4. My friendship with @lighthouse predates the CGC boards, as does @bubbagump,I was also friends with his Ex as we all went to college together - I did indeed buy out his inventory back then. That was 12 years ago. however- in the last couple of years, after a full decade of little interaction and zero transactions ( he had effectively quit comics pretty much entirely, focusing on career and personal stuff) he made it known to me that he was looking to open another store. I had a significant amount of inventory that was better suited for a store and I sold it to him - he paid me in cash my asking price in part because it was his way of acknowledging the times I had helped him out in the past. That made an impression upon me. A year later he offered a rare, expensive, one of a kind item to me at a fair price and mailed it to me promptly and securely. I know him better than most everyone on this message board with the exception of Rick. I know lighthouse’s quirks and foibles first hand, and I never had any illusions about them. He’s an exceptionally bright guy, top 10 I have known, but I think he would be the first to agree that his emotional intelligence took an extra 20 years to catch up. But it has caught up, and he’s trying to make up for lost time, and past mistakes as well. There’s no margin for error here and no time to be wasted except with the past. To deny him that chance now says more about the character of the boards than it does him. He should be removed from the probation list.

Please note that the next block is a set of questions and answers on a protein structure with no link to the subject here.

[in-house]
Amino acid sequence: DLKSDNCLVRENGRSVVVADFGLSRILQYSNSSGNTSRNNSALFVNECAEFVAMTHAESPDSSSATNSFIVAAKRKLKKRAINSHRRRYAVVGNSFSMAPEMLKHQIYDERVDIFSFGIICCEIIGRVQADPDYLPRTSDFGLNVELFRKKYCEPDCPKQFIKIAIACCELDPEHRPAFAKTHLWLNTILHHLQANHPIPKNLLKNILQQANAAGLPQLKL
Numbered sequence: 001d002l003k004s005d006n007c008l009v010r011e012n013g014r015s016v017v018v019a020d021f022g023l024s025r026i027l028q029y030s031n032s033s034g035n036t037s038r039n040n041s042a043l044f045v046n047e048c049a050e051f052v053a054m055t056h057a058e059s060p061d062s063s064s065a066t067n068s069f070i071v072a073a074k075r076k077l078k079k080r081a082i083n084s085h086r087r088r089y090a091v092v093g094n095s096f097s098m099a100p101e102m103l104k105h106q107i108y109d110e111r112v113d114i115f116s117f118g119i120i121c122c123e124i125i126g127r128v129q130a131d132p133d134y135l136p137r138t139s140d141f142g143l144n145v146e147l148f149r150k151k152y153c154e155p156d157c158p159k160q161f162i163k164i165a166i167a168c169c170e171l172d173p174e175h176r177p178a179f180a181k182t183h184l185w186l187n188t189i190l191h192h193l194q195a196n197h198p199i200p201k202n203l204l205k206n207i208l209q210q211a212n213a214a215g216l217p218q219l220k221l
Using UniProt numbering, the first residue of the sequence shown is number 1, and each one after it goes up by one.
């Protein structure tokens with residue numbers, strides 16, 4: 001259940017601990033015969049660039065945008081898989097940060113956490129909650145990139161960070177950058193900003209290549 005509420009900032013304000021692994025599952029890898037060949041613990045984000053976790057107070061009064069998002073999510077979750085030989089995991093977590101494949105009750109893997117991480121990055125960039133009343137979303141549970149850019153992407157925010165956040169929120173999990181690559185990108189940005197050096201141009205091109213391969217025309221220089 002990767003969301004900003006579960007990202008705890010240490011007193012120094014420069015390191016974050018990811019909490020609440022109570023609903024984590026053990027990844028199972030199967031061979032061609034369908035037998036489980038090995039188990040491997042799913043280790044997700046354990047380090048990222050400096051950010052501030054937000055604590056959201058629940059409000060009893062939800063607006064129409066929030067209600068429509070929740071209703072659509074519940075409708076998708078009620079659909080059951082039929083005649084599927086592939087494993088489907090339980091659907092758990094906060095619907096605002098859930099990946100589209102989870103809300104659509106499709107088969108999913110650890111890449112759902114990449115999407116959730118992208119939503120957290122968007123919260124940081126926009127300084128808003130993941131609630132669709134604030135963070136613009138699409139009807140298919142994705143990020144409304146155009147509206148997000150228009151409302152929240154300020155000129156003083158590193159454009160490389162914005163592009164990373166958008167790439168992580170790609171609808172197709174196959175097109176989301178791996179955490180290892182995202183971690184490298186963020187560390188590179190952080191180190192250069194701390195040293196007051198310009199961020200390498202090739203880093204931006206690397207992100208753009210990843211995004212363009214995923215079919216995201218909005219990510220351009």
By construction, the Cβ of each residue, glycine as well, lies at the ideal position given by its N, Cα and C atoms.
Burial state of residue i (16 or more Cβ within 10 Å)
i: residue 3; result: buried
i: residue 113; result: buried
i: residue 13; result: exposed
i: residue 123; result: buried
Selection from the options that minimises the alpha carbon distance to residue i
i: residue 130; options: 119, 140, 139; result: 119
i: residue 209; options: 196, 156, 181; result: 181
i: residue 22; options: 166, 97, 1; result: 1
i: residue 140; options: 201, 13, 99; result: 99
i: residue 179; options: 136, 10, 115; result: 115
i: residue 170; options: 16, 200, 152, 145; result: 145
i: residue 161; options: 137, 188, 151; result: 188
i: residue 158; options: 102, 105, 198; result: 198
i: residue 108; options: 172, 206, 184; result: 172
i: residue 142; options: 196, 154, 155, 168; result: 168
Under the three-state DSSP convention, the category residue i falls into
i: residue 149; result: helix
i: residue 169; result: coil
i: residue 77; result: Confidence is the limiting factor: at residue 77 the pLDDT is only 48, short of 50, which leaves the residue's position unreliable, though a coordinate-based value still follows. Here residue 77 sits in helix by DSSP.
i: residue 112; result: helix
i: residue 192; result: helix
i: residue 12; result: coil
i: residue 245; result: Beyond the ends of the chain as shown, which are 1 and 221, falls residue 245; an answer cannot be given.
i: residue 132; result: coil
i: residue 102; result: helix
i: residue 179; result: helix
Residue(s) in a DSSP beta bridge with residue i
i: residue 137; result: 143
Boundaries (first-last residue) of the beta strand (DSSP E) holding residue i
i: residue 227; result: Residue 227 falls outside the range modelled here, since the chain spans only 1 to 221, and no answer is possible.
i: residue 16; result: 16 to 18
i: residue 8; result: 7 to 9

5. This, only it will be more like a 30% long term reduction in the number of young speculators, flippers and boomers that will not have the cash to participate. This will also kill the crack and press trade, as the margins will be too compressed, and re-subs will tank. You won't see the same book sold 3 times in a year from ebay to clink, to HA. 10 million Americans (so far) are newly unemployed. We will have 15% unemployment and under-employment for a significant time. The psychological damage of a global shutdown will dramatically alter people's perception of "value" - collectibles of all stripes will be reexamined, and I think just maybe slabbed books in particular, in their sterile, inaccessible little clear coffins will suffer. Words and pictures will still have "value" to the reader, but the fetish of owning the actual book will be secondary. Those who need cash will sell if they can recoup at least 50% of their cost basis, because it's a sunk cost, and those books will likely not go up so holding them risks them actually going down. Better to sell a GPA $1000 book for $500 when you have $650 in it than to risk waiting for 3 months, and selling the same book that is now a $500 GPA book for $250 and taking a $400 hit. It's just math.